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Wednesday, October 28, 2020

Indian Born Designer Raises Awareness about Depression in United States

A recent graduate of the Pratt Institute in New York City, 26-year-old Tara de Souza is determined to destigmatize depression

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Lisa Carley Hotaling
Lisa Carley Hotaling
Editor-in-Chief of Transcontinental Times. I have a graduate degree in Humanistic Psychology and live in Upstate New York.

UNITED STATES. Brooklyn, New York. Indian cinema was rocked on 14 June with news about the suicide of one its most promising young actors, Sushant Singh Rajput. Disbelief and sorrow about the beloved celebrity’s suicide continue to flood social media, raising much-needed awareness about the seriousness of mental illness and depression.

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A recent graduate of the Pratt Institute in New York City, 26-year-old Tara de Souza is determined to confront the realities of depression head-on, or in her case, hands on.

Born and raised in Mumbai, India, de Souza knows from personal experience the impact of depression. “I personally suffer from depression. I have also lost close friends to suicide.” Besides industrial design, she also illustrates about depression.

Sketch by Tara de Souza
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Depression impacts 25% of the population in the United States, but it is widely known that there are far more people suffering with depression than are reflected in those statistics. Mental illness is still underreported and therefore goes undertreated. The rates of those with depression in India are even more uncertain where mental illness remains a problem to be handled privately, if acknowledged at all. As such, depression is one of the most serious and potentially life-threatening illnesses facing the modern world.

For her thesis project from the renowned Pratt Insititute in New York, de Souza designed a wristband meant to be a “symbolic representation of depression because depression is invisible. The intent is visual shock.”

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The wristband evokes the image of a bandage wrapped around the wrist of someone who has survived an attempted suicide. After months of research, de Souza “decided to focus on the wrist as a medium to expose mental health because the wrist is an intersection of mental health that has physical health [im]plications. Depression is invisible unless you see self-harm on a wrist.”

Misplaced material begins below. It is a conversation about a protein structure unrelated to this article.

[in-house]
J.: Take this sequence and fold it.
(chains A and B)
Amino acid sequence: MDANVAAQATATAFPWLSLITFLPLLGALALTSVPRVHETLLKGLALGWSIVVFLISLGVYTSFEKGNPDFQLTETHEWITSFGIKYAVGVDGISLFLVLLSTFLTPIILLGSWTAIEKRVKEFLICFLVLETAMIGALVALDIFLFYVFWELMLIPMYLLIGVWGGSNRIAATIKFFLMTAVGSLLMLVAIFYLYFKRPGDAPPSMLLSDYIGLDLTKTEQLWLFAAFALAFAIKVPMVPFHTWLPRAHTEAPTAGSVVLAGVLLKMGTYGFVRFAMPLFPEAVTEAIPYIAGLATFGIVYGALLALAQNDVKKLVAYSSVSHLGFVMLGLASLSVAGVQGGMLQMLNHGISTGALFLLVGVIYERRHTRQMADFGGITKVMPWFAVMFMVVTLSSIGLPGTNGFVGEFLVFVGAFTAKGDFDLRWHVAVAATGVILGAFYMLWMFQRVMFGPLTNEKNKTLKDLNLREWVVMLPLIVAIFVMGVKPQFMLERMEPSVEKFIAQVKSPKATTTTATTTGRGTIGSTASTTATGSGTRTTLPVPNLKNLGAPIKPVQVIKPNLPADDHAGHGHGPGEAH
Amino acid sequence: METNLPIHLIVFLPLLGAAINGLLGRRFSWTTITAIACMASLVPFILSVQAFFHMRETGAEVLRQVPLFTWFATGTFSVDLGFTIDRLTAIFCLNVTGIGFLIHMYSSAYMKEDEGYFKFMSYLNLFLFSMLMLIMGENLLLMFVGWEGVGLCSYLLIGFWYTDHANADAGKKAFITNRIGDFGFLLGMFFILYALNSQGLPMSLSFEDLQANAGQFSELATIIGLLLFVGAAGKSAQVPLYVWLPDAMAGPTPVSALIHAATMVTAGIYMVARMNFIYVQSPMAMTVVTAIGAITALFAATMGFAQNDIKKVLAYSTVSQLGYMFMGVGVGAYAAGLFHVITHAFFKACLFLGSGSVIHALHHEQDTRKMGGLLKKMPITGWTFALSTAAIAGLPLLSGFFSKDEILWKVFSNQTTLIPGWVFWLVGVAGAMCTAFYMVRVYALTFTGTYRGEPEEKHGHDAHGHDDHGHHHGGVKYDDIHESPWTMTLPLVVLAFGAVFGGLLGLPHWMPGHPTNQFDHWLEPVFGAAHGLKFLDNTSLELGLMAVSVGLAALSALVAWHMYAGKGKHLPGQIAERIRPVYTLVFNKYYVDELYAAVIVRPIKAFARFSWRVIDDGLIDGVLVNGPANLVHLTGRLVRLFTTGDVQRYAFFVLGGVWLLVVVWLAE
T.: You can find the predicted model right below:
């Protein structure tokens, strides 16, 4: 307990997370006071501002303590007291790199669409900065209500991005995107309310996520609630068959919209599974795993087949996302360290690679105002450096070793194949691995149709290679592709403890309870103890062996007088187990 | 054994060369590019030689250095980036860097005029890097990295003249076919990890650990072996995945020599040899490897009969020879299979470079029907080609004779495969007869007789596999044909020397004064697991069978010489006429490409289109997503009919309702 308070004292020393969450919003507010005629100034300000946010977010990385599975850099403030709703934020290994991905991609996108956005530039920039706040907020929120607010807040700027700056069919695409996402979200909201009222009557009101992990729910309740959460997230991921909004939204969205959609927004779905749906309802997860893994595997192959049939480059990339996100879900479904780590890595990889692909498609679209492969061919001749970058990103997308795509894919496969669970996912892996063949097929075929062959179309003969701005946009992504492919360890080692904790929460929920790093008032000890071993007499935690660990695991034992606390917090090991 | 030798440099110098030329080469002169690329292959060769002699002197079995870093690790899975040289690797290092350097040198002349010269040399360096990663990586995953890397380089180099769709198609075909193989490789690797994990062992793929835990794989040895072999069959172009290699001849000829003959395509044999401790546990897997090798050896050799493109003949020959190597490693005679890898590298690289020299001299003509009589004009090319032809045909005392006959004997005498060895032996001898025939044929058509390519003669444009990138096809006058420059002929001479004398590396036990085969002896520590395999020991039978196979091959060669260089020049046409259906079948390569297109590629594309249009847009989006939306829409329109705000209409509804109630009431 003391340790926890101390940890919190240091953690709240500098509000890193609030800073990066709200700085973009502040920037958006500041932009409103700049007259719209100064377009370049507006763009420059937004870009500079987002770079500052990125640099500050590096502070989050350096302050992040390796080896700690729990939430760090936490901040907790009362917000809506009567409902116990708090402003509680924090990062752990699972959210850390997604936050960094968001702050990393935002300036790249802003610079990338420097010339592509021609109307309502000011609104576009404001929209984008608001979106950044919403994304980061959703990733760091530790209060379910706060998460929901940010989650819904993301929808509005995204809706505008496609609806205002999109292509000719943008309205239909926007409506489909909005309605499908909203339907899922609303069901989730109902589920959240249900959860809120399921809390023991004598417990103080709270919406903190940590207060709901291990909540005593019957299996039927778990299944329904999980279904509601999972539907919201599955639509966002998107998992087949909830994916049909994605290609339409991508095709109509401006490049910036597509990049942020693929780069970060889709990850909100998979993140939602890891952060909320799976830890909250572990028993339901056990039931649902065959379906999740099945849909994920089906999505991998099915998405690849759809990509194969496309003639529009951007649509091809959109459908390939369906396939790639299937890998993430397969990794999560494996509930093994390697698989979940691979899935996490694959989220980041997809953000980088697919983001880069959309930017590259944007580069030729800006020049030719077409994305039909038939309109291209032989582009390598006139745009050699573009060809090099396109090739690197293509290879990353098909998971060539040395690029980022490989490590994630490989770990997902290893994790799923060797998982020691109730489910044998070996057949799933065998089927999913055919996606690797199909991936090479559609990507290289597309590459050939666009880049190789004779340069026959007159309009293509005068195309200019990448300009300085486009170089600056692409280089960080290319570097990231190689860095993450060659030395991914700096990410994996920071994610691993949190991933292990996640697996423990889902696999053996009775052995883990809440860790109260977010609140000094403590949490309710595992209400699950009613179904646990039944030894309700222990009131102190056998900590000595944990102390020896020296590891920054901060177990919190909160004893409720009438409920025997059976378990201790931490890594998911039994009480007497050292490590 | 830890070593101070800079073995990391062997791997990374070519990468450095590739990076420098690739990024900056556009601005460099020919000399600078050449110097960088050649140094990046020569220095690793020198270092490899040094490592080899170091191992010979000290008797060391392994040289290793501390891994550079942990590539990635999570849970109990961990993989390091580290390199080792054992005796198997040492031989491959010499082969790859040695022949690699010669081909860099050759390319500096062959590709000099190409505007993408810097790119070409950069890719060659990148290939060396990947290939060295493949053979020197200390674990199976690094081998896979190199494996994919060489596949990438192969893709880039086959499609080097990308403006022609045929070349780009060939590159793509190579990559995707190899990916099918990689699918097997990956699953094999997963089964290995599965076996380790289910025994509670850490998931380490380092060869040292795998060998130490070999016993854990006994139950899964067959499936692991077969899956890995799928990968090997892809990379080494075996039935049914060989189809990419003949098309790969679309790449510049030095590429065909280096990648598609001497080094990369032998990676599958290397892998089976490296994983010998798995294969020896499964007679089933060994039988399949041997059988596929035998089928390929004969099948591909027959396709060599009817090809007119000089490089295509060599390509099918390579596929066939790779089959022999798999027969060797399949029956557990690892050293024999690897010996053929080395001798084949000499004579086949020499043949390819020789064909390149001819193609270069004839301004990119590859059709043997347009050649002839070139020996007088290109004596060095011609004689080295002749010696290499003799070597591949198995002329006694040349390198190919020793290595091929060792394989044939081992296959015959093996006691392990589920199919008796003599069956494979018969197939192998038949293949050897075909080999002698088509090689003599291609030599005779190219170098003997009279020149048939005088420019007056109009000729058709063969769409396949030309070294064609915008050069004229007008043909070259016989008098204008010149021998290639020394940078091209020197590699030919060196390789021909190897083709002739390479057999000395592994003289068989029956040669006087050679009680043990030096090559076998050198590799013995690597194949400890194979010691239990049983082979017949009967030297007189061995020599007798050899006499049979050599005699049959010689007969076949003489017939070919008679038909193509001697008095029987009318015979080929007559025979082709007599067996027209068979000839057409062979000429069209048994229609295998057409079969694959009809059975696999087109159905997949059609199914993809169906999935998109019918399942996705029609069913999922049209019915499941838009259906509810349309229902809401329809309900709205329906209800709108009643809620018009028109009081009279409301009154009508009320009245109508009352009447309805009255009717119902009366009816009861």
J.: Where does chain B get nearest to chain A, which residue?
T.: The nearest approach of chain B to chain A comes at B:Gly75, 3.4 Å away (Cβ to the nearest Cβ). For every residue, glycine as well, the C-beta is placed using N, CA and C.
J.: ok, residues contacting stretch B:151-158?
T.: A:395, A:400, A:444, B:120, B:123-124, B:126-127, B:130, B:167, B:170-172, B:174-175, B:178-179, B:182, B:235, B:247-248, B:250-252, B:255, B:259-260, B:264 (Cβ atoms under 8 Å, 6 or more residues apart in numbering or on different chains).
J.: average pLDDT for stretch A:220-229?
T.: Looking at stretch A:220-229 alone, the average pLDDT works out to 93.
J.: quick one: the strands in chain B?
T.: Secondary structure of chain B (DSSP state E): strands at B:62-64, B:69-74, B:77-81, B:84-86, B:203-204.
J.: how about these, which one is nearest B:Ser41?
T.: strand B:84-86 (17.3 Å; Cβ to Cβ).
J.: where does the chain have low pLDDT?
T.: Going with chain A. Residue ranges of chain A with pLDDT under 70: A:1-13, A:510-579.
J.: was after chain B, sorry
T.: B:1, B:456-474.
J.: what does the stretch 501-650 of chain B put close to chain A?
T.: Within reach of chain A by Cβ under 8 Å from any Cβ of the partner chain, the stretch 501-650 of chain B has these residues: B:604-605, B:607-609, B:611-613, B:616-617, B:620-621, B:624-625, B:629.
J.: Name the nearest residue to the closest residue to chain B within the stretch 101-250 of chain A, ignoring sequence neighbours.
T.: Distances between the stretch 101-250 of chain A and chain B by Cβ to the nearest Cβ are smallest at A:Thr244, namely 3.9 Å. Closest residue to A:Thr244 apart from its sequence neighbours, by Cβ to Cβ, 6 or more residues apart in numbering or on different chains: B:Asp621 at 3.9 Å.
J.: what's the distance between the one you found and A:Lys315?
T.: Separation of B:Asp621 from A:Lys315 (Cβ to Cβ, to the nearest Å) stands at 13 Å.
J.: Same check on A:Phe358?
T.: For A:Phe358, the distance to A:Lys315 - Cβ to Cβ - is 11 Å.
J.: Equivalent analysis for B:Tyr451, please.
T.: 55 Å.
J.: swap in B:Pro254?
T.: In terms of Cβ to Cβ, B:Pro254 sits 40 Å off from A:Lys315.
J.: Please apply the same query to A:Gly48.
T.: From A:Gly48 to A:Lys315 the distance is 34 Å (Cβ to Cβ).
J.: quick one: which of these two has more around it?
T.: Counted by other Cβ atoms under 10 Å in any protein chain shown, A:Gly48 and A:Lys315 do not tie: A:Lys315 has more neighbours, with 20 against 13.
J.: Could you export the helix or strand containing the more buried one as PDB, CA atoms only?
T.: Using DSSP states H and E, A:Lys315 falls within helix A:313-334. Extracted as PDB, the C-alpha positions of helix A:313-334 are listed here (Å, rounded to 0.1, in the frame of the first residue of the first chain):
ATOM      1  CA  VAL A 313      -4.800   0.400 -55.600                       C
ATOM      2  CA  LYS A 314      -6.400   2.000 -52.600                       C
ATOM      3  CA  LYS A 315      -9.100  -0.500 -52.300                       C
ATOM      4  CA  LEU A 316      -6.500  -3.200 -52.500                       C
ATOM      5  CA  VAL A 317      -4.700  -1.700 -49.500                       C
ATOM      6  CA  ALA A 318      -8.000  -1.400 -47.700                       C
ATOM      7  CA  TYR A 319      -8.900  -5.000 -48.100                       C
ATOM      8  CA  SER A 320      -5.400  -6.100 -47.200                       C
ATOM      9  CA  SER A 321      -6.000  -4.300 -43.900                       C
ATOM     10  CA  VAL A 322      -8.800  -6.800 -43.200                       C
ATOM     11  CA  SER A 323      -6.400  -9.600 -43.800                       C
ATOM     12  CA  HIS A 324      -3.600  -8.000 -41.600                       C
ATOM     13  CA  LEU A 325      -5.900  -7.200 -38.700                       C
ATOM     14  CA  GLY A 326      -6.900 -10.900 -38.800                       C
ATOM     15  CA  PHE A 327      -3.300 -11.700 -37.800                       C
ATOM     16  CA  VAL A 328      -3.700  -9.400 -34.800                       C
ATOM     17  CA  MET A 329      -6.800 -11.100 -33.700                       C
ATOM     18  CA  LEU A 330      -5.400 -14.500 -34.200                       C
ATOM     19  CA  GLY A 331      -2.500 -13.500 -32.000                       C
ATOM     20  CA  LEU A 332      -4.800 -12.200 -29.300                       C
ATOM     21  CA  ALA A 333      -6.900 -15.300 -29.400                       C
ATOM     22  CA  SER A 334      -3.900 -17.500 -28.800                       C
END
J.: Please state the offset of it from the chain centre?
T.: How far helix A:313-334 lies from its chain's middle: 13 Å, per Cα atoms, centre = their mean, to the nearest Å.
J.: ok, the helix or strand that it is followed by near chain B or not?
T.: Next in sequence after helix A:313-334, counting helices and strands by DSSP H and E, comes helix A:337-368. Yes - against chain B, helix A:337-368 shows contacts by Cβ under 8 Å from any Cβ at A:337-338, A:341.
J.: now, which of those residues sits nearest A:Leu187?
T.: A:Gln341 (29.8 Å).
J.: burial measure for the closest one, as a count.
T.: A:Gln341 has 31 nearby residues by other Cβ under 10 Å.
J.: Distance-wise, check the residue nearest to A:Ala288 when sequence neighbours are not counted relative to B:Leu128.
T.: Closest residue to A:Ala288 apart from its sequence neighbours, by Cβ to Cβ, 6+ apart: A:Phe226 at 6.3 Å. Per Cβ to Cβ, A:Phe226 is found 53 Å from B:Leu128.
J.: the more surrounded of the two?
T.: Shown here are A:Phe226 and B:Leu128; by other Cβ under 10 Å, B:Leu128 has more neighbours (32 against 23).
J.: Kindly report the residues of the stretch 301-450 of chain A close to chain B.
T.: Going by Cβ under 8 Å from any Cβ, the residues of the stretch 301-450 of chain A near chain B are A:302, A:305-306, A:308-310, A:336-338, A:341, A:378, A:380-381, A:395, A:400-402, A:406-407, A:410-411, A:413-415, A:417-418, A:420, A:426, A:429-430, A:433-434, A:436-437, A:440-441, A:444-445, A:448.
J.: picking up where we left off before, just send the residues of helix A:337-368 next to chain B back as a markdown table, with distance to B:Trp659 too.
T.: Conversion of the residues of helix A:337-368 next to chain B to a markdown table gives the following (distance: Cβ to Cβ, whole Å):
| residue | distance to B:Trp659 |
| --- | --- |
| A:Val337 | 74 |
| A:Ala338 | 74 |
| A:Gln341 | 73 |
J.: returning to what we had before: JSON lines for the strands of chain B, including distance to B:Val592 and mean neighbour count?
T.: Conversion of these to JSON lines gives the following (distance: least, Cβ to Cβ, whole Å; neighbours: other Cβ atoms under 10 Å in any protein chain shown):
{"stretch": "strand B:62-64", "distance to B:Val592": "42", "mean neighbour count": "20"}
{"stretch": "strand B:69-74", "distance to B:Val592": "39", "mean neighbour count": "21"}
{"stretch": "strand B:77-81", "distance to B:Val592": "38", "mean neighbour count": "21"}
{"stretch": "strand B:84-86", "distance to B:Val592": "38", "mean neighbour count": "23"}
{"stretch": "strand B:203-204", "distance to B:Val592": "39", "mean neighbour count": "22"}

She faced on-going debates about the appropriateness of such a stark symbol. In the end, she chose this bold design, insisting, “I went around my college campus wearing the wristband I had designed. Everyone was shocked and asked me what happened. This validated the point of my project.”

During her research, the design student “looked at other causes and illnesses that have addressed stigmas…The Pink Triangle, Rainbow Flag, Pink Ribbon as well as the Livestrong bracelet. I conducted first person research by attending young adult support groups, talking to therapists, and those support[ing] people suffering from depression.”

Raising awareness about depression was one aspect of de Souza’s project. Giving hope and connection to those suffering was an even more ambitious goal. “I decided to make the clasp green to symbolize life and growth. By wearing this wristband you are supporting your friends and family members that are suffering from depression.”  The support that de Souza built into her design extends beyond wearing a symbol. “There are three variations of the wristband,” she explained. “An Advocacy Wristband, a Personalized Wristband and an Electronic Wristband. The Advocacy Wristband is worn on mental health awareness day and fundraising walks. The Personalized Wristband has a pocket to keep notes written by friends and family supporting someone suffering from depression. When someone is suffering from depression, they could read the notes and remember that their loved ones care about them. The Electronic Wristband comes in a set of 5, each with a buzzer and a button to send a notification. When one of the 5 is feeling depressed, he/she could press their buzzer sending a buzz to the other four. The other four feel a buzz and press their buzzer sending a notification to the person that is depressed showing that they are in their thoughts. The wristband is connected to your cellphone via Bluetooth.”

de Souza has entered her thesis project into the prestigious James Dyson International Design competition ‘that celebrates, encourages and inspires the next generation of design engineers.”

“When we think of mental health,” de Souza explained, “we tend to focus on the person suffering from a mental illness. However, we forget that it affects everyone. It affects our friends and family supporting their loved ones suffering from depression.” de Souza’s wristband promotes greater awareness and societal acceptance of depression. Seeing this symbol worn openly on others will hopefully encourage those suffering in silence to seek treatment before it’s too late.

View the details of her project here: https://www.jamesdysonaward.org/Document/a21dc612-6e15-4d38-a898-5f1b7ffb73d5/destigmatizing-depression.jpg

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